There are some excellent one-woman shows out there, but this one doesn’t have much to offer. The script is weak and dull and Ciara McGuinness’ performance as Serbian artist Marijan Kockovic’s wife, Slobodanka Djokic-Kockovic, is disappointingly unsympathetic. Marijan could be an interesting exploration of the inner life of an artist’s muse, but Slobodanka comes across as self-centered and we never get much characterization of Marijan.

Slobodanka’s nightmares about the angel of death are endlessly dramatic, but never really pay off.

The script is unfocused: it’s narrated from Slobodanka’s perspective but oddly focused on Marijan. A massive photograph of his brooding face is projected against the back wall, but there’s almost no information on the artist or the man. Slobodanka and Marijan are presented as the Taylor and Burton of the Eastern European art world — he’s a sculptor and she’s a painter and indeed they were friends with Liz and Dick. However, the show doesn’t take this interesting fact anywhere. Slobodanka falls gravely ill just before the outbreak of the Serbo-Croatian war — she’s Serbian and Marijan is Croatian — but again, the opportunity for any real drama or tension is lost. Her earlier characterization (where she comes across as spoiled and vain) is so unsympathetic that you feel almost relieved when she finally gets around to dying. Marijan and Slobodanka may have been difficult people, but in a one-woman show a reasonably sympathetic narrator is usually necessary.

The piece is also highly unbelievable — would any woman repeatedly refer to her beloved husband only as “The Croat,” rather than his first name (and the title of the show)? Slobodanka’s nightmares about the angel of death are endlessly dramatic, but never really pay off. On the whole, this show doesn’t know what it’s trying to achieve. We don’t feel much sympathy for Slobodanka or much interest in Marijan and the endlessly fascinating Taylor-Burtons barely factor in. This is one to miss.

Reviews by Lauren Moreau


Near Gone

Dance Base

An Invitation...

Greenside @ Nicolson Square

She Loves Me

Pommery Champagne Cafe Bar

Champagne Tutored Tasting


Since you’re here…

… we have a small favour to ask. We don't want your money to support a hack's bar bill at Abattoir, but if you have a pound or two spare, we really encourage you to support a good cause. If this review has either helped you discover a gem or avoid a turkey, consider doing some good that will really make a difference.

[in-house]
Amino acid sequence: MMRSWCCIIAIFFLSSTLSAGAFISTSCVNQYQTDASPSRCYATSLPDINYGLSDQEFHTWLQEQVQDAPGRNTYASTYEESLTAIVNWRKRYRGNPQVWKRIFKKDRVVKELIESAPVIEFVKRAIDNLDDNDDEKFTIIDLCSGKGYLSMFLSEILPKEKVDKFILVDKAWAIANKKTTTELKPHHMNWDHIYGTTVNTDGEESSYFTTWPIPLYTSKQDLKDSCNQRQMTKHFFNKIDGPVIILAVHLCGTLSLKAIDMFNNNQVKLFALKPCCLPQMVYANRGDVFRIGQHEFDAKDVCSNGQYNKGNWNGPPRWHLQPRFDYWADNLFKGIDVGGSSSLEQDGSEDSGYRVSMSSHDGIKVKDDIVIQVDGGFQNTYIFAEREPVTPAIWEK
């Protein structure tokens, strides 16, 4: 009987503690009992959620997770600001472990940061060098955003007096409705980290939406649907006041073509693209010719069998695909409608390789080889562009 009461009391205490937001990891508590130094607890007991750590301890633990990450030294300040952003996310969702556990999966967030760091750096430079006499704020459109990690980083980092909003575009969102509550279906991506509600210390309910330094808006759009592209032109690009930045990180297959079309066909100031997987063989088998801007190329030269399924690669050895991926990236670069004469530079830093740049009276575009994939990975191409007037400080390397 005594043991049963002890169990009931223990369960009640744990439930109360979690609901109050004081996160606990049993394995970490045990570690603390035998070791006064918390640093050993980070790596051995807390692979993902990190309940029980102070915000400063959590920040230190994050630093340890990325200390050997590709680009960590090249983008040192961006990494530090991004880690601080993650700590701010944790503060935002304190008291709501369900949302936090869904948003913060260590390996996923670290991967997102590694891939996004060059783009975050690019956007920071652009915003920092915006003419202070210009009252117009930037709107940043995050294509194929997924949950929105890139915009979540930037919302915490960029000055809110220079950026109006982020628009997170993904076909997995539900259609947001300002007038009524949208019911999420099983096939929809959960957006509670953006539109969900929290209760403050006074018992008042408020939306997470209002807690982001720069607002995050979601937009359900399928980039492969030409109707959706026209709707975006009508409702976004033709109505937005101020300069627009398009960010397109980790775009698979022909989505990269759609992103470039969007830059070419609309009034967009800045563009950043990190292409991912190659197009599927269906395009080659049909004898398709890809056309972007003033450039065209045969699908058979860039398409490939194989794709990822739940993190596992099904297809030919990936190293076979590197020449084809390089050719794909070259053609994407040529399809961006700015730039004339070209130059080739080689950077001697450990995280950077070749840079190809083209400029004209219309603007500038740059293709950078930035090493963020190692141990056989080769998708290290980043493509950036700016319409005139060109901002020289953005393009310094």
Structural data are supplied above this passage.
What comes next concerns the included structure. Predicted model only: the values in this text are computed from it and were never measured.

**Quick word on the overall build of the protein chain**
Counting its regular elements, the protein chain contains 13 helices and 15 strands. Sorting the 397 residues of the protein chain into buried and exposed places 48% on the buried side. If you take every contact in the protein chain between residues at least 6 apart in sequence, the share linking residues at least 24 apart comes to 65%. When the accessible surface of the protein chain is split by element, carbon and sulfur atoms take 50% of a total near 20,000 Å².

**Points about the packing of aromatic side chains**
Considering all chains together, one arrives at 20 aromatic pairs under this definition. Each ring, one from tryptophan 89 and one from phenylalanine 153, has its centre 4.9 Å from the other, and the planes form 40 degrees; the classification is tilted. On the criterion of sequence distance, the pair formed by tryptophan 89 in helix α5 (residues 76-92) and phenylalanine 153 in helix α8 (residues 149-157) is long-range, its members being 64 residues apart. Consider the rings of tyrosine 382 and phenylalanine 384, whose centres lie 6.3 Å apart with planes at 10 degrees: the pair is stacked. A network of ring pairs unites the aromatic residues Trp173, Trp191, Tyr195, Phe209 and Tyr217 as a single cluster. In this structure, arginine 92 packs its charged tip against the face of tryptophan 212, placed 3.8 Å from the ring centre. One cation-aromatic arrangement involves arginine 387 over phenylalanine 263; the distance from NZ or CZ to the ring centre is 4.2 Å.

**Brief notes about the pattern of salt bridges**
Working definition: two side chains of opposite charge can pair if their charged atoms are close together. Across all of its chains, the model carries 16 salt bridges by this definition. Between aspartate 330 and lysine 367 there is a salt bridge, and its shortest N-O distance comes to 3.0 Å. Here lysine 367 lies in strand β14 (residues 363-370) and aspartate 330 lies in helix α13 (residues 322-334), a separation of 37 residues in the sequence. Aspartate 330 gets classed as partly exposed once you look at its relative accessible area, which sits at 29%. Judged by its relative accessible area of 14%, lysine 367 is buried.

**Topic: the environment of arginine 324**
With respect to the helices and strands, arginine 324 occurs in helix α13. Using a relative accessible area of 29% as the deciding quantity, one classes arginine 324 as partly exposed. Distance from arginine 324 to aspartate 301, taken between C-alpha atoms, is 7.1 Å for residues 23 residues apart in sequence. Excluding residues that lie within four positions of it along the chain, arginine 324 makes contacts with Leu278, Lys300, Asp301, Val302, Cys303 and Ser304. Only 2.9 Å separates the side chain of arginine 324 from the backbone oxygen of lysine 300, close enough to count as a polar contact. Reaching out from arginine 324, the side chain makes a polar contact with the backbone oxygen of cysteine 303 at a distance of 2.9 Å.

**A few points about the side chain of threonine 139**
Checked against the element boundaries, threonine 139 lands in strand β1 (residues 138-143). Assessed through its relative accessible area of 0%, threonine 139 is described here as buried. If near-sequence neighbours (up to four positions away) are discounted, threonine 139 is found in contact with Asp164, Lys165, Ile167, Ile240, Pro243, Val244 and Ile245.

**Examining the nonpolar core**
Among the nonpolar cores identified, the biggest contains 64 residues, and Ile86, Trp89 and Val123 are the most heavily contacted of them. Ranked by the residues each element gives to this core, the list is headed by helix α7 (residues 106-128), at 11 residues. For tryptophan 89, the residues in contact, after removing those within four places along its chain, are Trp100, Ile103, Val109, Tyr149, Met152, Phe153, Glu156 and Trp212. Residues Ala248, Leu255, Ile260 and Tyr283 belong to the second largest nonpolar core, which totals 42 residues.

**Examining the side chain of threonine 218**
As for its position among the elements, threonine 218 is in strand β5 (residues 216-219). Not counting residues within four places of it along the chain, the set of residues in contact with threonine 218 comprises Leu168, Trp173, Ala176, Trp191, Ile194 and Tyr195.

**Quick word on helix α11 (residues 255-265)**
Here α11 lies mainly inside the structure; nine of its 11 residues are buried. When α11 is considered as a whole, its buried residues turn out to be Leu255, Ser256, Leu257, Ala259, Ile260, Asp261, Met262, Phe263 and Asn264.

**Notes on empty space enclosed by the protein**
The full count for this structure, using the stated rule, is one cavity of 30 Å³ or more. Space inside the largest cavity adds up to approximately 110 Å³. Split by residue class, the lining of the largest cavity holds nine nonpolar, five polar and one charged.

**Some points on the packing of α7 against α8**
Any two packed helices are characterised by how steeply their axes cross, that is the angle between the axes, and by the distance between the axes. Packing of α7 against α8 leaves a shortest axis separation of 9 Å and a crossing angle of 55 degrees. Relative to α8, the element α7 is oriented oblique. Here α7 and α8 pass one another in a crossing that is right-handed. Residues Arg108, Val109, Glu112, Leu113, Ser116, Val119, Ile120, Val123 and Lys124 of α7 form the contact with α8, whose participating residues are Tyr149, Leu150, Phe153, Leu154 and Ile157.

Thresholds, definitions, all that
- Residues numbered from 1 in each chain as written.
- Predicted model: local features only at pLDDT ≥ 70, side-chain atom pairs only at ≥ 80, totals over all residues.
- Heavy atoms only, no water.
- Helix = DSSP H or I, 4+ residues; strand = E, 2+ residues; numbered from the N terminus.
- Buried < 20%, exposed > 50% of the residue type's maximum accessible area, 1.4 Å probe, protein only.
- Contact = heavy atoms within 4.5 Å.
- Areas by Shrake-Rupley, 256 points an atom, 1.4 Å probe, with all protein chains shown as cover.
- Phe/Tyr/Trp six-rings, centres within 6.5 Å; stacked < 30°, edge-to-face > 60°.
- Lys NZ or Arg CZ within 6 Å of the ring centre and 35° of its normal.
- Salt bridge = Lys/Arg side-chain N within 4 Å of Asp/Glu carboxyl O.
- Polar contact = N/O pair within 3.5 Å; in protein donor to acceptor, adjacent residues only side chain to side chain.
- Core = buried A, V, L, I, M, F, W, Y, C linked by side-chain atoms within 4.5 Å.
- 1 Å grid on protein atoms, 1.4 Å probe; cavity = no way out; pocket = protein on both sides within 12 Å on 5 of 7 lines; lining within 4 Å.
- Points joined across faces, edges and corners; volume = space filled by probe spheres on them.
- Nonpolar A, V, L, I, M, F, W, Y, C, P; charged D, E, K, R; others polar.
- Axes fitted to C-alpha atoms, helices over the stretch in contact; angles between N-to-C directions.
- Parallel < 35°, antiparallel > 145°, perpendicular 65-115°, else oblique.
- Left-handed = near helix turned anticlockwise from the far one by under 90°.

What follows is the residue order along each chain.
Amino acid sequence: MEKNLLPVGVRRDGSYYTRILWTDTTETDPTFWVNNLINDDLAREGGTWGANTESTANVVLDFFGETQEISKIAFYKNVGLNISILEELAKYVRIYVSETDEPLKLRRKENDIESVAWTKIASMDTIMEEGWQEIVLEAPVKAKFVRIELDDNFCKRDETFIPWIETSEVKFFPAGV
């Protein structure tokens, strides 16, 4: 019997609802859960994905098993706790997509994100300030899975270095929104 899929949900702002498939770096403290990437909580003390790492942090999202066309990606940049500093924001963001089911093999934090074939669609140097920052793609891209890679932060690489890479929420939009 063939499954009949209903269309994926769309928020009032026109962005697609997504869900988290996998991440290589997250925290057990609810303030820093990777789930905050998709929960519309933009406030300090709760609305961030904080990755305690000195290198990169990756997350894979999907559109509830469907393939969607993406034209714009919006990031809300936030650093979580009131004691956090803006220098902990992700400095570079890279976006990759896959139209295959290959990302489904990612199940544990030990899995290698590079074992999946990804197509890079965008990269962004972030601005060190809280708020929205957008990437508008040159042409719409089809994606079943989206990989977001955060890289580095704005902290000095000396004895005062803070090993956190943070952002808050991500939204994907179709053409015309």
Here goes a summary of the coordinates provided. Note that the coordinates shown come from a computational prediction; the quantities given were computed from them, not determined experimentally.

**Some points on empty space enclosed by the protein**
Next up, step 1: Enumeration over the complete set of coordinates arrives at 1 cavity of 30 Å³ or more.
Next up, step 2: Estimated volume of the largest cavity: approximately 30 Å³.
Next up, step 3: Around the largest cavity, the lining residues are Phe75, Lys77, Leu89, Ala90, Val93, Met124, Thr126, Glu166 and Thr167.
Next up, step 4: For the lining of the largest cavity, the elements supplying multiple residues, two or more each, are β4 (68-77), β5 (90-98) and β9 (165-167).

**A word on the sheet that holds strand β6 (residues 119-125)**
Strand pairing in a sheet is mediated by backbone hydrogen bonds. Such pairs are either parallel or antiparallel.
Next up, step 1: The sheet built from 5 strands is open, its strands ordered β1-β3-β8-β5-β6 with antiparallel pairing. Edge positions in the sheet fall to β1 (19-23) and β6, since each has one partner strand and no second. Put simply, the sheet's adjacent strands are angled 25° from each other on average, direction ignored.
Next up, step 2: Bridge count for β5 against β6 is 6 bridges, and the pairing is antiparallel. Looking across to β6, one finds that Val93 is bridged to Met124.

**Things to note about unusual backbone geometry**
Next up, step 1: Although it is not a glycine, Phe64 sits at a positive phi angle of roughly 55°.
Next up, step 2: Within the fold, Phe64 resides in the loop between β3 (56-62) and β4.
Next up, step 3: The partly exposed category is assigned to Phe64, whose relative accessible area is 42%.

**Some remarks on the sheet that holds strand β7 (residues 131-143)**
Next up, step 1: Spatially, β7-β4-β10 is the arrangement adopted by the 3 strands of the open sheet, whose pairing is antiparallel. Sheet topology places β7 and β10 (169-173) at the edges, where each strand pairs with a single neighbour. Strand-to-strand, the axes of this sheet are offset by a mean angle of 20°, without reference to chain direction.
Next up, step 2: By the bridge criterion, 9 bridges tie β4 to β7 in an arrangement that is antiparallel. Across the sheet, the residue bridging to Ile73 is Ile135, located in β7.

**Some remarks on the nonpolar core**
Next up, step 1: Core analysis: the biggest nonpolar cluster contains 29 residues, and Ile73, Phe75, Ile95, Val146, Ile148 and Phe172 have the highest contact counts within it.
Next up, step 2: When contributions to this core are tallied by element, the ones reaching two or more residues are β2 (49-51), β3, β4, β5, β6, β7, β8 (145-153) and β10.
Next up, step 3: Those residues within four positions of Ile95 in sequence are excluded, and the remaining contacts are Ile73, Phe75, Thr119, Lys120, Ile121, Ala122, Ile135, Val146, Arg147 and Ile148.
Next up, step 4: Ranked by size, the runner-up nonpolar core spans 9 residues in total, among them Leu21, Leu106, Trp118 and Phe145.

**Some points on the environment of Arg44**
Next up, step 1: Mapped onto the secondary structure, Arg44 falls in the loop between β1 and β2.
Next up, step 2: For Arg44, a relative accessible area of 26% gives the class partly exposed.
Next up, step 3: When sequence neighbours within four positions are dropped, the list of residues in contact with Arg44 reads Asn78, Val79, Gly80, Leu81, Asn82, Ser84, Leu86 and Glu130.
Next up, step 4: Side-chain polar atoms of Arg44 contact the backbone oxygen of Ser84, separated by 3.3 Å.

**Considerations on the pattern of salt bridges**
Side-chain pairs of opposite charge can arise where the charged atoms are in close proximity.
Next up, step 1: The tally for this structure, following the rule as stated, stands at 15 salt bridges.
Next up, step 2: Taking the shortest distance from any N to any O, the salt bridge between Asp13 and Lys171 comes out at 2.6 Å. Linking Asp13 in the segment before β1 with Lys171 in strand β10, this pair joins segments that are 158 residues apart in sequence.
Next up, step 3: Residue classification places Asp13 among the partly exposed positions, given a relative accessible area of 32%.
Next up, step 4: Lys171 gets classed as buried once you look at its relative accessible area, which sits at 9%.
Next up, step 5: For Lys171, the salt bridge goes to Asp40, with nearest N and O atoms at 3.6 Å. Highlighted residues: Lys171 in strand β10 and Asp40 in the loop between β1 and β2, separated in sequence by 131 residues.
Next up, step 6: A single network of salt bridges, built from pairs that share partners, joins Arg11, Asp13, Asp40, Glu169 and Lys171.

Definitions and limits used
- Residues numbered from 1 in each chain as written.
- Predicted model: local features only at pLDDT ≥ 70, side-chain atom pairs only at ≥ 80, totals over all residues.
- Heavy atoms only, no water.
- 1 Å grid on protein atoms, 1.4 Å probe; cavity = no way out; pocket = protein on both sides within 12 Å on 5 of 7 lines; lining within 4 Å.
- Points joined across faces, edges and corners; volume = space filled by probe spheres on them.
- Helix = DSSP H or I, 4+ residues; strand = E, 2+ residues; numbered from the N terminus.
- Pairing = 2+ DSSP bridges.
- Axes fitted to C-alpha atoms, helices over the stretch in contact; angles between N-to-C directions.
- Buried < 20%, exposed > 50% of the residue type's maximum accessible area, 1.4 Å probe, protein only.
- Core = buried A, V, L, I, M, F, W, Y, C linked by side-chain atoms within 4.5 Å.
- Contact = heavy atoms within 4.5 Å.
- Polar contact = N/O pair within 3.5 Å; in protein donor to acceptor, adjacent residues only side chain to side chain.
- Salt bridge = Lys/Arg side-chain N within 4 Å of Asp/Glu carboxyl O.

You can donate to the charity of your choice, but if you're looking for inspiration, there are three charities we really like.

Mama Biashara
Kate Copstick’s charity, Mama Biashara, works with the poorest and most marginalised people in Kenya. They give grants to set up small, sustainable businesses that bring financial independence and security. That five quid you spend on a large glass of House White? They can save someone’s life with that. And the money for a pair of Air Jordans? Will take four women and their fifteen children away from a man who is raping them and into a new life with a moneymaking business for Mum and happiness for the kids.
Donate to Mama Biashara now

Theatre MAD
The Make A Difference Trust fights HIV & AIDS one stage at a time. Their UK and International grant-making strategy is based on five criteria that raise awareness, educate, and provide care and support for the most vulnerable in society. A host of fundraising events, including Bucket Collections, Late Night Cabarets, West End Eurovision, West End Bares and A West End Christmas continue to raise funds for projects both in the UK and Sub-Saharan Africa.
Donate to Theatre MAD now

Acting For Others
Acting for Others provides financial and emotional support to all theatre workers in times of need through the 14 member charities. During the COVID-19 crisis Acting for Others have raised over £1.7m to support theatre workers affected by the pandemic.
Donate to Acting For Others now



The Blurb

What do Elizabeth Taylor, Richard Burton, Tito, Yul Brynner and the Serbo-Croatian War have in common? Croatian artist, Marijan Kockovic. Marijan is a real life tragic love story, set against the break-up of Yugoslavia.

Most Popular See More


From £30.00

More Info

Find Tickets

Frozen the Musical

From £36.00

More Info

Find Tickets

Moulin Rouge! The Musical

From £30.00

More Info

Find Tickets